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Daily life in Helsinki

Niklas Stahlke

Fencing lesson. Photo: Niklas Stahlke.

Maybe you remember the book review I wrote in the last edition, for this time I thought it might be interesting to write about what has changed in my life so far in Finland and how my daily life is going. Of course, everything changed because it’s a completely new life here, but I will talk about differences in specific.

The most time consuming thing right now is, of course, school. The school here is very different from the one in Germany. The students here are much happier with school and don’t hate going there, which is, I think, a result of the low pressure and generally good atmosphere in Finnish schools, at least in mine. Just the fact that you can call your teacher by first name and the very free and independent teaching represents this really well in my opinion.

Another thing about school, which is really different, is the level of digital media being used in school. Maybe this is a bit extreme, but I’ve never seen Kahoot, Quizlet or Google Classroom before coming to Finland. Special about Finland is also Wilma, which is a devil and an angel at the same time. For sure it’s extremely useful in every way, but it also takes away the possibility of skipping a lesson without the parents noticing.

All of this playing together, I had to remember a lot of passwords in my first week and get used to a lot of new things. Now, after two and a half month I can comfortably confirm, that the Finnish school-system is superior to (at least) the German one. Some of my personal preferences aren’t exactly satisfied in school, for example taking notes on paper or writing exams on paper. Besides these things, it’s really impressive how Finland managed to achieve this.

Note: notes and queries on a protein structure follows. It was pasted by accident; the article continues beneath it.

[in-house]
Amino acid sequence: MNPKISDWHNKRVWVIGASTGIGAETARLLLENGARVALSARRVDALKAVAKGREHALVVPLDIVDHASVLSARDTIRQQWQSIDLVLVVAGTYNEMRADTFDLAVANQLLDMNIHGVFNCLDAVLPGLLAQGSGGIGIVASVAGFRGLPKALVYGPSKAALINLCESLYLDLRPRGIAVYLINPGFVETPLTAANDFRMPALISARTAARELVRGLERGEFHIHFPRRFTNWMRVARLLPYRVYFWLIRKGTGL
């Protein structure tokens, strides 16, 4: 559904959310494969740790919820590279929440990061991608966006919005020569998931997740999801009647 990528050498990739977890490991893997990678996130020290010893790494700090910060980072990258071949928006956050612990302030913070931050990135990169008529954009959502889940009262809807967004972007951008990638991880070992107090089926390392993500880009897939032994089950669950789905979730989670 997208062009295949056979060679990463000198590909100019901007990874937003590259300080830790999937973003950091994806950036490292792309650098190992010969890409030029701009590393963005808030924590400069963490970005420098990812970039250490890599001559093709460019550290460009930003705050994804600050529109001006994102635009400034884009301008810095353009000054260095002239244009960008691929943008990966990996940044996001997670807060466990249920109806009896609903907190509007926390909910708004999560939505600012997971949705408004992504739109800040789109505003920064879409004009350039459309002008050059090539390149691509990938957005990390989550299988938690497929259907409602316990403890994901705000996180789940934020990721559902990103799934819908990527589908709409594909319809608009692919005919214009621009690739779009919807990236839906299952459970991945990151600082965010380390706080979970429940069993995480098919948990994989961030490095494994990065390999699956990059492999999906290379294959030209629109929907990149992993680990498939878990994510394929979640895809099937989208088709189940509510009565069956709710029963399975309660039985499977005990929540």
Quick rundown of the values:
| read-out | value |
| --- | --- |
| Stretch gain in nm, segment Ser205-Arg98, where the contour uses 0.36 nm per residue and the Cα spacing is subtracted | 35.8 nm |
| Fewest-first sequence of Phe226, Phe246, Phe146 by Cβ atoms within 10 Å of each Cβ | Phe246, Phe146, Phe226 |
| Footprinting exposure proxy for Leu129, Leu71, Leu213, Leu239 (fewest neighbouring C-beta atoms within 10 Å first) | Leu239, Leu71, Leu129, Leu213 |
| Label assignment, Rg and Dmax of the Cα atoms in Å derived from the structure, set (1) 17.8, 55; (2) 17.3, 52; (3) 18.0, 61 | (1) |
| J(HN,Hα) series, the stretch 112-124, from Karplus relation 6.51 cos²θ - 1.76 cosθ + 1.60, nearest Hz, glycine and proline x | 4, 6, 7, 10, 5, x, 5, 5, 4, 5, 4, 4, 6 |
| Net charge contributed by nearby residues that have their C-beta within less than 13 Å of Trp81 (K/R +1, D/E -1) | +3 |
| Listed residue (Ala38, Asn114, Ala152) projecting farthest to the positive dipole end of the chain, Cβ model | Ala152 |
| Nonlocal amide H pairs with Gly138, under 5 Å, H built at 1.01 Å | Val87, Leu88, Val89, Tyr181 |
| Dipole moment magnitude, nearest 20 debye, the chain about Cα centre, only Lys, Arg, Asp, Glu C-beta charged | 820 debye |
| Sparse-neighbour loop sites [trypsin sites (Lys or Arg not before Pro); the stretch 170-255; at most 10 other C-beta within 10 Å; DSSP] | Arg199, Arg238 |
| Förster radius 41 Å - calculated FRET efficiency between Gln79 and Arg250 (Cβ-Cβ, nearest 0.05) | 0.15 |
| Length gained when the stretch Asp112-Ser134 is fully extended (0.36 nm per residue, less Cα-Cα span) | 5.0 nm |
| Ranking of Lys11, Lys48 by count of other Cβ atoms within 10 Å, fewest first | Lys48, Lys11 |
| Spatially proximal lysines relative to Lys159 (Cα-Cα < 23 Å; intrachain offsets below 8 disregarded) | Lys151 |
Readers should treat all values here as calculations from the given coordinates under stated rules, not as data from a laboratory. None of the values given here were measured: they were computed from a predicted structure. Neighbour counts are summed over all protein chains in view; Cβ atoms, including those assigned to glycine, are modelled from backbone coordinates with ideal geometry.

Let’s now talk about the other things in my daily life here in Finland, y’all probably already heard/read a lot about the school. In the beginning, I was actually super lucky, in comparison to what I’ve heard from other exchange students. Just at the first day in school (which is also a big part of social life), another student showed me the way to the sports place and we got to talk a little. This dissolved my fear of not having people to sit with at lunch and it started a really good friendship.

In the first weeks here in Finland, my days were really filled by just spending time with the family, walking through Helsinki like tourists with other exchange students and making friends in school. This was a really packed phase and brought a lot of nice experiences and great people into my life here. In my opinion I even were super lucky, because I have no other exchange students from my organisation at my school, which means I’m really having my friends in the groups of Finnish people.

So, at that point, I missed doing active sports, so I got myself (by suggestion of my hostmother) a Funactioncard. This was a great decision, as I could try many different sports all over Helsinki for a super low price. Right now I’m doing Street Workout, Boxing, Kickboxing and Fencing once a week, which may sound like a lot but really it’s great. There is still enough time on evenings and weekend to spend time with family and friends. Most of the coaches are even teaching in English, which makes it perfect for an exchange student like me. Otherwise, my free time is very much spent in the Finnish course, which is twice a week.

I hope I could give you a bit of a general view of my daily life here in Finland and how it developed and in the next article I may talk more about differences in smaller situations of life.

Teksti ja kuva: Niklas Stahlke